Posts tagged copyright
Posts tagged copyright
“That is, without copying, the sense of what is fashionable right now would be diminished, leading to a fractured fashion market. By amplifying and clarifying trends, copying also widens the market for the season’s current fashions.”
“The Ukrainian newspaper Kommersant reported (Google Translate) Monday that, according to an anonymous source within the Ukrainian Interior Ministry known only as “B,” the raid was timed with a particular political purpose in mind. First Vice Prime Minister Valeriy Khoroshkovsky recently visited the United States, where he met with United States Trade Representative Ron Kirk to discuss various free-trade issues, including copyright protection.”
“Can musicians sit back and collect royalties and a share of the huge monopoly profits of yesteryear? Nope. But, those were the days of the golden handcuffs and the chosen few. The only artists who whine and complain now about those “good old” days are either
Old artists who came up in the old days and are wistful of the time when they only had to record an album every three years to earn 5 times what they earn now, or
Young artists who are too lazy to boot-strap things themselves and wish success was handed to them”
“The broadness of the law, and the vague and contradictory standards with which it has been applied in the UK should be exceptionally worrying to people — especially those in the UK. It is no longer safe to try to create a useful service to help people find entertainment content, because you may get raided, private companies may get your computers and you may end up in jail. London has been building itself up as a tech/startup hub of Europe, but with rulings like these, don’t be surprised to see entrepreneurs move elsewhere.”
“Legalized file sharing, shorter protection times for the commercial copyright monopoly, free sampling and a ban on DRM.
These are the main points of the proposal for copyright reform that the Pirate Party is advocating and which the Greens/EFA group in the European Parliament adopted as its group position in September 2011.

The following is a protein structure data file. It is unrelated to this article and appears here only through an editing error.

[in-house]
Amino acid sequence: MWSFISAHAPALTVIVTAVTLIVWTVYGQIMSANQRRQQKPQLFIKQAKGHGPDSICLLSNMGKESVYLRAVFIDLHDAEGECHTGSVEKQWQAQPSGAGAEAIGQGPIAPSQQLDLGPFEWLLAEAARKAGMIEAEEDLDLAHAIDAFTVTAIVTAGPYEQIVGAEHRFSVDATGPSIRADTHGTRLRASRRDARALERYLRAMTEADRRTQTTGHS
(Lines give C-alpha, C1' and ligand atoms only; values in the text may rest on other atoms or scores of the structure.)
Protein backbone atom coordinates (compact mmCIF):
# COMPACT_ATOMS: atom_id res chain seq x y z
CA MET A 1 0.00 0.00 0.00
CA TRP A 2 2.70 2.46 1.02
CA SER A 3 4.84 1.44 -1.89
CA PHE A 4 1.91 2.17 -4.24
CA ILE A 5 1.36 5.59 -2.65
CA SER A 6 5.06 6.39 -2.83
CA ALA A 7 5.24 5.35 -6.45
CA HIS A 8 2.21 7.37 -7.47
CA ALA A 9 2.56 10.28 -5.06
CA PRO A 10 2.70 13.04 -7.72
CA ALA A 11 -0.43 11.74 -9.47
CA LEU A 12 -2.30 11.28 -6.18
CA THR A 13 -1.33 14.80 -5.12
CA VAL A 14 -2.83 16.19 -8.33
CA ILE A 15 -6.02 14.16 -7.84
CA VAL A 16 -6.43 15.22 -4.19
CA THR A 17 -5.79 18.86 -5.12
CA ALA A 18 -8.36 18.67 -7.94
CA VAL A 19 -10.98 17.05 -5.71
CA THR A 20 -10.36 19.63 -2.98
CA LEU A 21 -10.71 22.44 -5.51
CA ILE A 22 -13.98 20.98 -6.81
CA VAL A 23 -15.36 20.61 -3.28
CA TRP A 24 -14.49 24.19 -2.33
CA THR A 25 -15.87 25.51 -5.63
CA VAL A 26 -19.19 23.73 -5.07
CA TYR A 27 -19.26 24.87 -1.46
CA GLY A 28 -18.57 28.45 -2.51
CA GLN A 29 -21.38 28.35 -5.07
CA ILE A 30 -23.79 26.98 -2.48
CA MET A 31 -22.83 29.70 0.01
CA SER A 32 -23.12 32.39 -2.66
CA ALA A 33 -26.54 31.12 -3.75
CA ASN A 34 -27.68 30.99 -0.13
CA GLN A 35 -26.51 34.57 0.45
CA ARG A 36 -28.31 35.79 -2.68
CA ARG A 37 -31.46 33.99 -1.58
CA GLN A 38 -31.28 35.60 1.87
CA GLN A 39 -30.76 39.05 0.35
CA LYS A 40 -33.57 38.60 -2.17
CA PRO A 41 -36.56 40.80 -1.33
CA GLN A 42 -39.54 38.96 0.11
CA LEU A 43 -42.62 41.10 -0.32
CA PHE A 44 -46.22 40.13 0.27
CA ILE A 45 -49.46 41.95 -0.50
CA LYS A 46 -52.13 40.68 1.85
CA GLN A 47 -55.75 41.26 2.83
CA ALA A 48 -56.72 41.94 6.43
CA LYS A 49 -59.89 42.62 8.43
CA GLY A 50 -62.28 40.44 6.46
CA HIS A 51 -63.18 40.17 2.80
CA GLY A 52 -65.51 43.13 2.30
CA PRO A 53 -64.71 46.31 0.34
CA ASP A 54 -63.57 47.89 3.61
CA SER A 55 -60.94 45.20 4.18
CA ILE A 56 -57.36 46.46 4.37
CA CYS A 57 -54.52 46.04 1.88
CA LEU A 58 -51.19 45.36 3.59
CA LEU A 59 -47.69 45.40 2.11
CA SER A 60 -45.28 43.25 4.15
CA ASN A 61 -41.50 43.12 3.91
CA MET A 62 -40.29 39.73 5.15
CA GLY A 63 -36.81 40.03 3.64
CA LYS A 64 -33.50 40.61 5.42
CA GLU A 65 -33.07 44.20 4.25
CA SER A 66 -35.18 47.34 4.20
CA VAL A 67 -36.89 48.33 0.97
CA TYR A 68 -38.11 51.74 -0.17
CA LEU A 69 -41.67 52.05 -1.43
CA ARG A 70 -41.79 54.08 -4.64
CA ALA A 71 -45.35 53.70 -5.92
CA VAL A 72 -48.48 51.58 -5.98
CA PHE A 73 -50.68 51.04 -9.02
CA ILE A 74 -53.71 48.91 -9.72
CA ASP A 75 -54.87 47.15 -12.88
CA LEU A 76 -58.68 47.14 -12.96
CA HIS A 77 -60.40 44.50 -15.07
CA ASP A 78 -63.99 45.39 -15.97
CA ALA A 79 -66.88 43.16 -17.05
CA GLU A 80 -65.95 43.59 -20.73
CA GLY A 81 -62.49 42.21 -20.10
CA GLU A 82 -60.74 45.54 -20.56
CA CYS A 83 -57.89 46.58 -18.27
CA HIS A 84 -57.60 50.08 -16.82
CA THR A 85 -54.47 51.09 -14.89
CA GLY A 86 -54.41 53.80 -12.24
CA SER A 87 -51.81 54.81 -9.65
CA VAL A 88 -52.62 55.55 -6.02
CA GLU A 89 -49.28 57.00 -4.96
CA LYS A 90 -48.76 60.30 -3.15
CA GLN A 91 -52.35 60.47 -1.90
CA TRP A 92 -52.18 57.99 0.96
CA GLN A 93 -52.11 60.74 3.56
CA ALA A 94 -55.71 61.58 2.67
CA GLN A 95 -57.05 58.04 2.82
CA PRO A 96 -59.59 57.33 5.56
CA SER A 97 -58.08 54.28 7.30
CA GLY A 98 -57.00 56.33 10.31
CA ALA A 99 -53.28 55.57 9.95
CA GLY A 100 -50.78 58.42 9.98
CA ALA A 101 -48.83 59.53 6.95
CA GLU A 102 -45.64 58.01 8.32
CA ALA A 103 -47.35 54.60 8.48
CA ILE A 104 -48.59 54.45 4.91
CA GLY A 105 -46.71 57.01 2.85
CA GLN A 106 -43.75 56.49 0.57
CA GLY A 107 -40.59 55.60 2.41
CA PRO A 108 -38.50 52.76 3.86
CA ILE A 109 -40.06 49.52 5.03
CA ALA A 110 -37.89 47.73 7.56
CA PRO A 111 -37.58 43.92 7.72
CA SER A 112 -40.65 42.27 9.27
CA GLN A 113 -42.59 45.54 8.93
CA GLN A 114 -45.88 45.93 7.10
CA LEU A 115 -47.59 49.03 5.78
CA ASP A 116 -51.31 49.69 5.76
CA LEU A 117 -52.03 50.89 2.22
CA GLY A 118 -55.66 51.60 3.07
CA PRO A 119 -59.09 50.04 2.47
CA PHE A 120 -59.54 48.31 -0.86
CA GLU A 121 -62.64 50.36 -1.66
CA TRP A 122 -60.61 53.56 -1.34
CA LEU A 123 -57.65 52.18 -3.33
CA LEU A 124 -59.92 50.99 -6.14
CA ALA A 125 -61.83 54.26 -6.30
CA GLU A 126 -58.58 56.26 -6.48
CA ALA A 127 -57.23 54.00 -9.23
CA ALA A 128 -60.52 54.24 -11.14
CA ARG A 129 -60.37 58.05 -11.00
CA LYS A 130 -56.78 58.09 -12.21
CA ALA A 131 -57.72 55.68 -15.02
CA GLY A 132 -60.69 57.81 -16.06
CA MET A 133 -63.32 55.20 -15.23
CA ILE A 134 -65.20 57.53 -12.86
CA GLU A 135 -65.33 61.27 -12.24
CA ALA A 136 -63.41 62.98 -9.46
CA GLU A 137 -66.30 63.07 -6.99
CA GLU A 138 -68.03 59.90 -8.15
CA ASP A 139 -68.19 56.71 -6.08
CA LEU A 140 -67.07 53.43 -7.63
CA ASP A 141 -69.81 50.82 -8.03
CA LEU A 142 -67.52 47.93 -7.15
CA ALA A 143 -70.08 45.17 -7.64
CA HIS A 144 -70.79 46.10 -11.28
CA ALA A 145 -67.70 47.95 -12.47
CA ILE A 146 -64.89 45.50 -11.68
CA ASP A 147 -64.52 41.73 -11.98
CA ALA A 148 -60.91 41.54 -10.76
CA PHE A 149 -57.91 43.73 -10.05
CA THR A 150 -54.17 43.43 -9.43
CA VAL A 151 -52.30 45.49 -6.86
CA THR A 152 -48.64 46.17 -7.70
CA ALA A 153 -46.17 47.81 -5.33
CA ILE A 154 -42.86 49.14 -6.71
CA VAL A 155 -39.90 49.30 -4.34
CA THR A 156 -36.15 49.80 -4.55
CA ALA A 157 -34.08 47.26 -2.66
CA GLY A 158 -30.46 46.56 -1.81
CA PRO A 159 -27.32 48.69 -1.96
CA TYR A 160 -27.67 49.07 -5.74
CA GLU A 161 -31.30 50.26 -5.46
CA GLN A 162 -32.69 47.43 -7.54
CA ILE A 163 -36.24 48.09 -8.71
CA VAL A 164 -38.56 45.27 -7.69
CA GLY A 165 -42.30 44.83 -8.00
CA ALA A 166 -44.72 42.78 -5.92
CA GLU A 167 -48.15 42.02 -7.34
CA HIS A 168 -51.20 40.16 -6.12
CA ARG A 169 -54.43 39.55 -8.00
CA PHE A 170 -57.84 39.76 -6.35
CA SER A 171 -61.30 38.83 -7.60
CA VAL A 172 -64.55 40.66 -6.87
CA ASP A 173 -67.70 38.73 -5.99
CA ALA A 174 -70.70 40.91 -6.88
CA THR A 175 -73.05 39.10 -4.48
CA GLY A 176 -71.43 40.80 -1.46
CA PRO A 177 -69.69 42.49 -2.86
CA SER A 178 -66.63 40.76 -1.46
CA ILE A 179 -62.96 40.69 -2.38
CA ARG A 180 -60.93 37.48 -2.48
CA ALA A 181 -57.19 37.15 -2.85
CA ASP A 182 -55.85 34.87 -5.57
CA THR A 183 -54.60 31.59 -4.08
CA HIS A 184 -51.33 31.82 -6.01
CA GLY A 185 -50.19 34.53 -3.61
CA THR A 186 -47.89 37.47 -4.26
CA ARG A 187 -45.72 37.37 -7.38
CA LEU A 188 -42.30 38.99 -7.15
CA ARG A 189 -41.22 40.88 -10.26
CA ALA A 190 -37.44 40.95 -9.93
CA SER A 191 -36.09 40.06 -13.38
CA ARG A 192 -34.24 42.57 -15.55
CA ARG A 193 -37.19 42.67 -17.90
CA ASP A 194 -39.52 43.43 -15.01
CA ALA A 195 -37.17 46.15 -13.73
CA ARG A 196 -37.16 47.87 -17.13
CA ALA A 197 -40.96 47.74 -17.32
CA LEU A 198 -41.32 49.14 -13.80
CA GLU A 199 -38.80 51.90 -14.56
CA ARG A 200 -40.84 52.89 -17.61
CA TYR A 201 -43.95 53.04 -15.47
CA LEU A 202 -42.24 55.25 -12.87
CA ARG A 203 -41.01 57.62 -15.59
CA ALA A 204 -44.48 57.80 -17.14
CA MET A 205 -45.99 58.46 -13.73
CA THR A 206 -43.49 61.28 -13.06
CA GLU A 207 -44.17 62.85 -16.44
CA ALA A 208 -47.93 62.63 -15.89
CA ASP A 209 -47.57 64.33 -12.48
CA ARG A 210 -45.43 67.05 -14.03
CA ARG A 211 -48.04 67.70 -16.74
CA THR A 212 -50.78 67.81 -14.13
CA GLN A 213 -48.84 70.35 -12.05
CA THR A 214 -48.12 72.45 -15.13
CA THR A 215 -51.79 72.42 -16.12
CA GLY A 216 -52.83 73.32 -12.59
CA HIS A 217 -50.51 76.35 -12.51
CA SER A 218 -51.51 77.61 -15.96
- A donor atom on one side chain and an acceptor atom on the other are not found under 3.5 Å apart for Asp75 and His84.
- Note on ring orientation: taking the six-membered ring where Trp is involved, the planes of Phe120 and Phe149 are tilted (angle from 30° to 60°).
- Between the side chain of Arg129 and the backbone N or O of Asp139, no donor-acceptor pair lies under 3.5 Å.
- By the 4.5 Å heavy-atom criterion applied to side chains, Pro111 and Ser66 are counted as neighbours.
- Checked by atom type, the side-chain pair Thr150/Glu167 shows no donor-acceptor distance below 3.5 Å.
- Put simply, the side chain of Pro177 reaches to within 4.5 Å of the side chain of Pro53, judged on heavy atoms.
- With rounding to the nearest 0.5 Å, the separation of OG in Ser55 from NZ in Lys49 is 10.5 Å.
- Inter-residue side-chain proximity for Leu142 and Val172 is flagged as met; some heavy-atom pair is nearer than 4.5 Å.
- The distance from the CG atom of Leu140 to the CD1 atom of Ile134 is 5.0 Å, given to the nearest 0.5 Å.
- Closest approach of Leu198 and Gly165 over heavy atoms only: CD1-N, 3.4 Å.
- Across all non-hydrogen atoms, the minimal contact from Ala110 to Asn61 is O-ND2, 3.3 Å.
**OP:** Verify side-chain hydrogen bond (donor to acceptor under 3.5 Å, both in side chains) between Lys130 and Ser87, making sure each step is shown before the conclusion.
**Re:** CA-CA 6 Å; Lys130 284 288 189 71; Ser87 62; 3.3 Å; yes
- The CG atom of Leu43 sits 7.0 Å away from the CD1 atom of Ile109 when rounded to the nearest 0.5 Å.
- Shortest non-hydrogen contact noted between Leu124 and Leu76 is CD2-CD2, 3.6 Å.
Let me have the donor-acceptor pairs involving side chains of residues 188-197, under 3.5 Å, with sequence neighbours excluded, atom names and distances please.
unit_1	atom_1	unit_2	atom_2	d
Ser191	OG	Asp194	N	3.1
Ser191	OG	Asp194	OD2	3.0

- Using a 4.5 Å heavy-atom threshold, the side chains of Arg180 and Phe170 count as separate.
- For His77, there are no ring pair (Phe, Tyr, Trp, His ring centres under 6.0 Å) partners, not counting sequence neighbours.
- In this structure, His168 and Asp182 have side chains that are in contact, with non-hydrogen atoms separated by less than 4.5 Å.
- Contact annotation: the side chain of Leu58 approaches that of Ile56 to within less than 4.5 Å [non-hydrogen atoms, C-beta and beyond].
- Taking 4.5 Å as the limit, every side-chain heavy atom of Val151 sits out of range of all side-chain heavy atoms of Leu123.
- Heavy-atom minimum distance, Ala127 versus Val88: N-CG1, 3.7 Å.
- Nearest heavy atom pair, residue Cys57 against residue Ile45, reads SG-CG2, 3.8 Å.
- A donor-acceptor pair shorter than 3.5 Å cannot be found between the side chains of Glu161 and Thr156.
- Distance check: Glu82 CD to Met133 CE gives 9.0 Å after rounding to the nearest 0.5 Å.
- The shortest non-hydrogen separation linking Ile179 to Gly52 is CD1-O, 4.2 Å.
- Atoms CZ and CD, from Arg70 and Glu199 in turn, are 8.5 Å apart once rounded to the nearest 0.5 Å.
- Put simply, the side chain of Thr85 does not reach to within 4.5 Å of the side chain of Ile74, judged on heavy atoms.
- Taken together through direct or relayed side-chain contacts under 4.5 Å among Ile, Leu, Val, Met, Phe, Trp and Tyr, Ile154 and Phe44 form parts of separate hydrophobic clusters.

This is a constructive alternative to the controversial ACTA agreement and to the criminalization of the entire generation of youths. This booklet explains why such a reform is both necessary and sustainable and will benefit both citizens and artists.”
“Perhaps more important, however, is that Google is also revealing the incredible deluge of takedown requests it receives in search, each of which it tries to check to make sure they’re legitimate. As it stands now, Google is processing over 250,000 such requests per week — which is more than they got in the entire year of 2009. For all of 2011, Google receive 3.3 million copyright takedowns for search… and here we are in just May of 2012, and they’re already processing over 1.2 million per month. And while we’ve heard reports from the usual Google haters that Google is slow to respond to takedowns, it says that its average turnaround time last week was 11 hours. Think about that for a second. It’s reviewing each one of these takedowns, getting 250,000 per week… and can still process them in less than 12 hours. That’s pretty impressive.”
Dirk von Gehlen über die Beastie Boys und die genehmigungspflichtige Kunst des Samplings.
“But what the Adweek article unfortunately left out was that the “list” GroupM came up with was a complete joke — listing all sorts of perfectly legitimate sites, like the Internet Archive, Vimeo and Soundcloud. Oh yeah, and a bunch of hip hop blogs… and 50Cent’s personal website. It’s great to declare that they won’t let ads show up on “rogue” sites, but it gets worrisome when they define “rogue” sites so broadly.”
“What’s amazing is that even when the costs are explicit, they barely enter the conversation. Take, for example, the predecessor to SOPA/PIPA: the ProIP Act, which passed in 2008. A report by the Congressional Budget Office showed that the cost of this bill, which is almost entirely focused on increased enforcement was $435 million. Yes, you read that right. Taxpayers have been on the hook for nearly half a billion dollars for the increased enforcement initiatives — like the spectacular flop known as Operation In Our Sites. Is this really a wise use of taxpayer resources?
Add to that, of course, the negative externalities created by such enforcement — such as the chilling effects of increased censorship, expensive court cases and other such efforts, and it’s kind of amazing that these costs never seem to even enter the public debate, even though many of them are a lot more real than the “costs” presented by the industry for “piracy.”“